Structure of watercourses
In the past, many watercourses were straightened or obstructed, to allow the use of flood-prone land for settlements, infrastructure and agriculture, and for electricity generation. This prevents them fulfilling many of their natural functions and the habitats for plants and animals in and around the water become depleted. The landscape becomes more monotonous. Obstacles such as weirs, hydropower plants, dams and other transverse structures impede the movement of motile aquatic organisms between lower and upper reaches, significantly impacting on their reproduction, their range and the mixing of populations.
Long stretches of Swiss watercourses are impaired by man-made structures and intensive use. 24% of the total watercourse length is artificial, seriously impaired or covered over and many lakesides are also built up. Watercourses in intensively used lower lying areas are particularly severely impaired. Below elevations of 600 m, 46% of watercourses are inadequate in structural diversity, whereas above 2000 m this figure is less than 1%. Mainly average-sized watercourses between 600 and 1200 m are affected by artificial obstacles, which impede fish migration (see map).
To reverse this long-term negative trend, efforts have increasingly been made since the 1980s to achieve renaturation of surface waters, for example by expanding their area, removing man-made structures or making obstacles open to fish migration. Since 2011 the Water Protection Act requires rivers and lakes to be rehabilitated. The goal is to restore 4000 river km over the next 80 years. Therefore the trend is assumed to be moving in the right direction even though only one initial value currently exists.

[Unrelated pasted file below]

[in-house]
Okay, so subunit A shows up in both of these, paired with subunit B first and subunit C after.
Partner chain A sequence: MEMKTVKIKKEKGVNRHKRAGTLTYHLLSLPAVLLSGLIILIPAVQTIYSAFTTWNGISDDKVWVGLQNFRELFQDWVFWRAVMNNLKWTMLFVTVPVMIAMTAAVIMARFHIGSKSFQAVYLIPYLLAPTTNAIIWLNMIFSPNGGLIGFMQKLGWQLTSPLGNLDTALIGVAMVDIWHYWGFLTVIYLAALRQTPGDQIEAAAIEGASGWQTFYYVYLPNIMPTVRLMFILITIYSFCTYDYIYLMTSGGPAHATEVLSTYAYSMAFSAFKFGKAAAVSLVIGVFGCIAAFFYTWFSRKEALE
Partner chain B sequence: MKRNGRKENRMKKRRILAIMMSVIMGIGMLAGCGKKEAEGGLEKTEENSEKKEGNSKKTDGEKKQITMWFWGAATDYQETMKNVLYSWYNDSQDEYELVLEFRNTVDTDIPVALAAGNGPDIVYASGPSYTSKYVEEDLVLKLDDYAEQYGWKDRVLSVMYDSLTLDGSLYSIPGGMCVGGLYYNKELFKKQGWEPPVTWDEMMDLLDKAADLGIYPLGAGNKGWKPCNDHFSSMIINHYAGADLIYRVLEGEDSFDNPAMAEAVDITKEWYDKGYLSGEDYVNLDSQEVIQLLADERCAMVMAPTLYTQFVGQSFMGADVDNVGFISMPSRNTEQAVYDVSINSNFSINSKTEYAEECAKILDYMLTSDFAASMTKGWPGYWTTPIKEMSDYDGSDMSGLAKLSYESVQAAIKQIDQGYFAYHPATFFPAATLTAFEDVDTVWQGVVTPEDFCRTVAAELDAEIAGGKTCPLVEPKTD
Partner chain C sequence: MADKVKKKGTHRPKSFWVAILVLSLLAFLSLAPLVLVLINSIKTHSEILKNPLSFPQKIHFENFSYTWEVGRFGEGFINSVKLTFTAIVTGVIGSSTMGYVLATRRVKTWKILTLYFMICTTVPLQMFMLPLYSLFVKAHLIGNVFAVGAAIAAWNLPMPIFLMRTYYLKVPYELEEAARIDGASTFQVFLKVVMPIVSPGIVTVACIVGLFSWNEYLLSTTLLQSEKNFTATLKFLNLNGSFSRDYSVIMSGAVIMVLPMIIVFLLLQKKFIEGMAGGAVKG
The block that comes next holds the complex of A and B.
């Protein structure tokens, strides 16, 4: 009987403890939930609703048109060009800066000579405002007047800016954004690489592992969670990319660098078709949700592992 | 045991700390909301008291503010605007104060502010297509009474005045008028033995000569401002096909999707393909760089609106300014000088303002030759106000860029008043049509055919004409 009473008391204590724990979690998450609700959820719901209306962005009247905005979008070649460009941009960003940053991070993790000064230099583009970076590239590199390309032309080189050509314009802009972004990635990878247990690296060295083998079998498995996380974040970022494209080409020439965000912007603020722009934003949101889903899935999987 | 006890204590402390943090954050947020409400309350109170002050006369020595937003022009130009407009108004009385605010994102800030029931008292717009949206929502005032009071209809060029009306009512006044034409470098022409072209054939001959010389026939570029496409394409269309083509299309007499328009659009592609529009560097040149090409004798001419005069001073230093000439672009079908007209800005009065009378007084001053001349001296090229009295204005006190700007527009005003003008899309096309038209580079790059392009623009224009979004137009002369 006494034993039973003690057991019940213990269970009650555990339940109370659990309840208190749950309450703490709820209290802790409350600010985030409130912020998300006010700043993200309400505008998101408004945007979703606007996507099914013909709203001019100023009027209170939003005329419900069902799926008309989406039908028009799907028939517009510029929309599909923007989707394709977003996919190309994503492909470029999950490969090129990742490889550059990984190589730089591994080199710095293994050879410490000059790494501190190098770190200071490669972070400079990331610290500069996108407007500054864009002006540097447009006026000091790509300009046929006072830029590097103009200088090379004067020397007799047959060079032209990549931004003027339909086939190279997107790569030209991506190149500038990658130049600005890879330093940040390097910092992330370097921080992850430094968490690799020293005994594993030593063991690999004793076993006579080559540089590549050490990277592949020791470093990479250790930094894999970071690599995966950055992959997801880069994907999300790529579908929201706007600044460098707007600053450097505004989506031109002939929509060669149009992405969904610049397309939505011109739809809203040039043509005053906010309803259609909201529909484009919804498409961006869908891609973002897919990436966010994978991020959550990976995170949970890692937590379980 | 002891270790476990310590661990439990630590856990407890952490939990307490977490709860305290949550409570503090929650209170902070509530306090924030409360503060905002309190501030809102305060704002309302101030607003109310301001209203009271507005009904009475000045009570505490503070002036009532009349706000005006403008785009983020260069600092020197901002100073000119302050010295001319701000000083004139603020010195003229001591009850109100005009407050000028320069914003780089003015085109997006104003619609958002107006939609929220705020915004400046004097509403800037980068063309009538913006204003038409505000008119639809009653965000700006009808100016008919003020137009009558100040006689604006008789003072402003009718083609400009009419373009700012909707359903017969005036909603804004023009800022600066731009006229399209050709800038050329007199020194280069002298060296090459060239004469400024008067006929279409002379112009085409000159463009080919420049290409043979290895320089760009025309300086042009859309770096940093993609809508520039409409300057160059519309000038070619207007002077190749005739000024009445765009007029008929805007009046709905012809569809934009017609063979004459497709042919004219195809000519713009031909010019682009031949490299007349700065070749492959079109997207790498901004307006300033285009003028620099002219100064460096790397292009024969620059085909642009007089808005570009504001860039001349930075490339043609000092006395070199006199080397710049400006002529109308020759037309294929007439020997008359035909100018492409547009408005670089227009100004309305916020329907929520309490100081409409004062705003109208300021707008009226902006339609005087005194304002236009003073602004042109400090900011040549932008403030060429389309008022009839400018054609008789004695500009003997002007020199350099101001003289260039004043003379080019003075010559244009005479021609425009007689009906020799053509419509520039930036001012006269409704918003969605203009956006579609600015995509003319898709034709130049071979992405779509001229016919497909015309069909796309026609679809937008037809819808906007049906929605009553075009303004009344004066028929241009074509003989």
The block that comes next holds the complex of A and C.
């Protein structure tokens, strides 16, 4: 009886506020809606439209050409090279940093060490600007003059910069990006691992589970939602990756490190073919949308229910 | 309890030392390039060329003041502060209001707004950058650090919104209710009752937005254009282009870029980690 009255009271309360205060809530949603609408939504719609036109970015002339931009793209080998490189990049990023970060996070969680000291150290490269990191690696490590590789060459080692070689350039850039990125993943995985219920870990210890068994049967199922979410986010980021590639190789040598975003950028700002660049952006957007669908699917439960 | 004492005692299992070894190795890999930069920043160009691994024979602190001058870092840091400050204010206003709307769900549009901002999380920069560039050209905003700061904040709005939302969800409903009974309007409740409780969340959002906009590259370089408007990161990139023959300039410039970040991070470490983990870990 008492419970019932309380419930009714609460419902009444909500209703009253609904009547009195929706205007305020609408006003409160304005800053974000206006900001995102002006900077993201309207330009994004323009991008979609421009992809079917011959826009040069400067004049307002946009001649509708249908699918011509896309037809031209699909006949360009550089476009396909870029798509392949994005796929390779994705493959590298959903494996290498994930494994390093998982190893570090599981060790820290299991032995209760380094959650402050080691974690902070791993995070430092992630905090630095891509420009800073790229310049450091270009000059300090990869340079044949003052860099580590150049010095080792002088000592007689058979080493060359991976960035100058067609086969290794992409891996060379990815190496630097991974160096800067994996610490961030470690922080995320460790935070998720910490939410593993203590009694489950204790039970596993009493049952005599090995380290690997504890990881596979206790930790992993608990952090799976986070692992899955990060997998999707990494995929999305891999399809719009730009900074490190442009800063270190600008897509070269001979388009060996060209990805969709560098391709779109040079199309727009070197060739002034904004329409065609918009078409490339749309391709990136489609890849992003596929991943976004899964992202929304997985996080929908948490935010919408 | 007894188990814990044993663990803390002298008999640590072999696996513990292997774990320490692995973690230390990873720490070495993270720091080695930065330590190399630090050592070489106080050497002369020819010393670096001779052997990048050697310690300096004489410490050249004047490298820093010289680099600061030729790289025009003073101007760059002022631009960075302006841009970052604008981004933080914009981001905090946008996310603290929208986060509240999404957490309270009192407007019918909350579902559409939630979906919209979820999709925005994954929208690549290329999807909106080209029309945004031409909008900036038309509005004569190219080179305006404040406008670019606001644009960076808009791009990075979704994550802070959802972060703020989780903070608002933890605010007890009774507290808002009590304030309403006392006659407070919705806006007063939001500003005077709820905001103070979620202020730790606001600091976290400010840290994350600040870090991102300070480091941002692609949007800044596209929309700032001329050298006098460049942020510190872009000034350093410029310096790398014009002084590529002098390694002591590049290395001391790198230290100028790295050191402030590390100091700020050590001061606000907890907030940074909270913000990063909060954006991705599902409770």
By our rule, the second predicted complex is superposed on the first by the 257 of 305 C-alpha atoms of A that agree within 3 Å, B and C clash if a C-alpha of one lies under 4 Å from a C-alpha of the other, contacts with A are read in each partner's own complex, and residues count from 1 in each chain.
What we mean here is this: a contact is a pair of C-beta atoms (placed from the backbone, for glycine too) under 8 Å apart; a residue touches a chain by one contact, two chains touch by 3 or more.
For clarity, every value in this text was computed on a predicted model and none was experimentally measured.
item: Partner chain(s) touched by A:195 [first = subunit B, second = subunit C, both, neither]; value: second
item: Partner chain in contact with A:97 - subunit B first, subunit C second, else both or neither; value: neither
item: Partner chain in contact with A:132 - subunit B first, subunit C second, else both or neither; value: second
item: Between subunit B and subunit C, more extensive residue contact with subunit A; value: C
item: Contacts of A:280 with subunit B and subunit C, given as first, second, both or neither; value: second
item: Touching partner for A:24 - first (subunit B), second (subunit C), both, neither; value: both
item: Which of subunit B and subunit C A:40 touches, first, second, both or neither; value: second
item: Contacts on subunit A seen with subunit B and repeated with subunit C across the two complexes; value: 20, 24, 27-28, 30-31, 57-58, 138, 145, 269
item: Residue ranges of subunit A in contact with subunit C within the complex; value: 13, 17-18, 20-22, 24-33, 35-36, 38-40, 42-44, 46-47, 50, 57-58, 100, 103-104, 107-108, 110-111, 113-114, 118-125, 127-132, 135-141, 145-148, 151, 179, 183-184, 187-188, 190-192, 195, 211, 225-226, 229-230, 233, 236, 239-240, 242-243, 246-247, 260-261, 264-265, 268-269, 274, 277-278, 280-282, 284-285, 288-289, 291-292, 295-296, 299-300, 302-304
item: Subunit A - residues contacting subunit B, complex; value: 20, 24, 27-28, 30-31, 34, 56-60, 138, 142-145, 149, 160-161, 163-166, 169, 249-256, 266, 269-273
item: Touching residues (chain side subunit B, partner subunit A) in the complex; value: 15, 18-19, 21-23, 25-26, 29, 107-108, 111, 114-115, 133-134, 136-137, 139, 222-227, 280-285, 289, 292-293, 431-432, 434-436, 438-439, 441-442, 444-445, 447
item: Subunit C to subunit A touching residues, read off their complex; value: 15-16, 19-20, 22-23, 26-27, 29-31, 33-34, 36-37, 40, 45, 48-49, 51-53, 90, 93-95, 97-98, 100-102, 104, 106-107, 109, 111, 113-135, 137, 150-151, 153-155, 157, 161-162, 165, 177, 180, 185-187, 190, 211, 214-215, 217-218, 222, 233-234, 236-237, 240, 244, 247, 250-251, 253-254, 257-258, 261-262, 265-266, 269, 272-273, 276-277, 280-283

The data are partially comparable. The Swiss method is based on a four-step classification system. Five steps are standard in many EU countries and even seven in some. The parameters which are surveyed and form the basis for the evaluation also differ slightly. An international comparison is difficult at present because equivalent data are still lacking in the other countries. Switzerland has taken a leading position in terms of ecomorphological databases. In neighbouring countries such nationwide surveys are not yet carried out in many places.
The ecomorphological conditions of the watercourses were surveyed by the cantons (with financial support from the BWG) within the modular-stepwise procedure “Ecomorphology Level I (regional survey)”. The process required nearly 30,000 km of watercourses in 24 cantons to be mapped between 1998 and 2006. To survey the ecomorphological conditions of the watercourses, their naturalness, canalised sections and obstacle features were recorded.